The Countryman is the biggest, most practical Mini ever. There’s no need to shoehorn passengers into the back seat or leave the cargo at home. And the Small CUV isn’t missing any of the brand’s fun-to-drive DNA.
A new dealership tool from eLEND Solutions takes information scanned in from a customer’s driver’s license, looks for red flags and gets the F&I process started while the potential buyer takes a test drive.
Cars continue to be a drag on the automaker’s overall results, with U.S. sales off 24% in the month, but the shift to utilities and pickups helped Ford draw $1,900 more per vehicle from buyers than year-ago.
A high percentage of U.S. vehicle buyers seriously consider battery-electrics and plug-in hybrids, but don’t pull the trigger because they can’t find a product that precisely fits their needs, McKinsey & Co. says.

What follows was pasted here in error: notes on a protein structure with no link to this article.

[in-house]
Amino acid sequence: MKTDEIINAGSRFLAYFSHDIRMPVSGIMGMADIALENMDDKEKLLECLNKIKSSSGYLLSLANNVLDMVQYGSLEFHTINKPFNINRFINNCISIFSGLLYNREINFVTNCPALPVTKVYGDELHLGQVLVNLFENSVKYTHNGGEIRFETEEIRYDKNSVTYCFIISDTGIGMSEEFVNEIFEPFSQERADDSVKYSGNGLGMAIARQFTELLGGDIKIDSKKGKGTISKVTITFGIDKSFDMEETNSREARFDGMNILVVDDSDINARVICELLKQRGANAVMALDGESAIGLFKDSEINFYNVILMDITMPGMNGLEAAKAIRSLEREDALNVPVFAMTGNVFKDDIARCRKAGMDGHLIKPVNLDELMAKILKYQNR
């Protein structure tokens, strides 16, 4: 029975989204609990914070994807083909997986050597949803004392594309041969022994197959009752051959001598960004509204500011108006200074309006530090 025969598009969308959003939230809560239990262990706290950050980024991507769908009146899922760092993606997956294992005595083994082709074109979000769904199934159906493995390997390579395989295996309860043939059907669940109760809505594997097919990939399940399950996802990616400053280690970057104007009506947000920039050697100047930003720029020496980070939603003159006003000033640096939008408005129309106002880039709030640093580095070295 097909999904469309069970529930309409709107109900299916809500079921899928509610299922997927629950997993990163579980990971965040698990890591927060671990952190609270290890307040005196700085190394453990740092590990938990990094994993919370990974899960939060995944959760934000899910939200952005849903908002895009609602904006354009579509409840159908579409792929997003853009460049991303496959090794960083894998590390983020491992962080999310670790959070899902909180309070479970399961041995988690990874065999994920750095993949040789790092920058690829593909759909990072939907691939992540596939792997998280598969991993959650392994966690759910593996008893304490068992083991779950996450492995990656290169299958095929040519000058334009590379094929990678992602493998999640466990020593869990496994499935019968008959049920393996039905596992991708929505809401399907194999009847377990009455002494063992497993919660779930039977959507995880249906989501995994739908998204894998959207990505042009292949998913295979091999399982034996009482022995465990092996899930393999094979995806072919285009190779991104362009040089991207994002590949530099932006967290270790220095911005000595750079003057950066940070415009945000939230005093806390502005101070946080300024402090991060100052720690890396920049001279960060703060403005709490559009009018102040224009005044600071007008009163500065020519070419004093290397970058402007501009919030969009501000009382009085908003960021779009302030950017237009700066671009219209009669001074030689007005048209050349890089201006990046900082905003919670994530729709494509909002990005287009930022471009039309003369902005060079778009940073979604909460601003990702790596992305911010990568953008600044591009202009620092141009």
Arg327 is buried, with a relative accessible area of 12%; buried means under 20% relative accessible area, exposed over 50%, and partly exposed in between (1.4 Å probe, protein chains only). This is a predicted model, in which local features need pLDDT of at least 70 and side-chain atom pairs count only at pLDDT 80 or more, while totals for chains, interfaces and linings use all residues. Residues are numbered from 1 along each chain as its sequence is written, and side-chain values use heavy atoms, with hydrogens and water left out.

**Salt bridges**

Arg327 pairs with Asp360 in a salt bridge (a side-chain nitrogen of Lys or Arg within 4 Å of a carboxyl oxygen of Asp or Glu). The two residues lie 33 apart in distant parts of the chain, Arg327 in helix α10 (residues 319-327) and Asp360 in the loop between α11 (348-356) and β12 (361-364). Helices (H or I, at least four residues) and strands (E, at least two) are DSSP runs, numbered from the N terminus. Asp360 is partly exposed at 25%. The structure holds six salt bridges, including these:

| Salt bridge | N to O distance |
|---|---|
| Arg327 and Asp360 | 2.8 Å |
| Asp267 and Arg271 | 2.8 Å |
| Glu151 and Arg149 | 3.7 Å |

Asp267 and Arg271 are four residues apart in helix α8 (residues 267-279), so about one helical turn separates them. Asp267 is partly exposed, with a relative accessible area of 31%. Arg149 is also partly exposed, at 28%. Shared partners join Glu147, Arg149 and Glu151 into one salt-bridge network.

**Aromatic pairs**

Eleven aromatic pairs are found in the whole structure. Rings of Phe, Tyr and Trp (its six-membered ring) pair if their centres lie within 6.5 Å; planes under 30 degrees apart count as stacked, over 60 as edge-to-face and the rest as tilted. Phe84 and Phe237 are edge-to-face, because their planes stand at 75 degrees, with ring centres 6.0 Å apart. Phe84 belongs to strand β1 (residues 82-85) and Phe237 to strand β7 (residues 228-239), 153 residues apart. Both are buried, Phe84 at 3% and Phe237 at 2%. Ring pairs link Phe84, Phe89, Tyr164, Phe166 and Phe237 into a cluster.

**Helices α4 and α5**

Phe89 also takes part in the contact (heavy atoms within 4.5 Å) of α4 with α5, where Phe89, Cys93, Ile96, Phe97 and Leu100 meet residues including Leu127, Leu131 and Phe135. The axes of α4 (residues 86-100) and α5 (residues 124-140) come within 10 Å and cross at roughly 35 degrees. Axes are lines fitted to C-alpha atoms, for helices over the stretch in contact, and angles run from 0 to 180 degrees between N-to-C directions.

Prices of the Camry sedan, the vehicle with the highest U.S. content, would jump about $1,000 if a border tax comes into play, Toyota North America CEO Jim Lentz says. “That’s a pretty big hit to the consumer.”
Ford won’t make a big new-product splash until 2018 and beyond, but with a handful of key updated models, service initiatives such as Quick Lane and a still strong retail environment, officials express confidence as they head into the new year.
The U.S. importer plans to introduce three new battery-electric vehicles in the U.S. by 2020 and President Scott Keogh knows the brand will need its dealer body behind the effort if it is to be successful.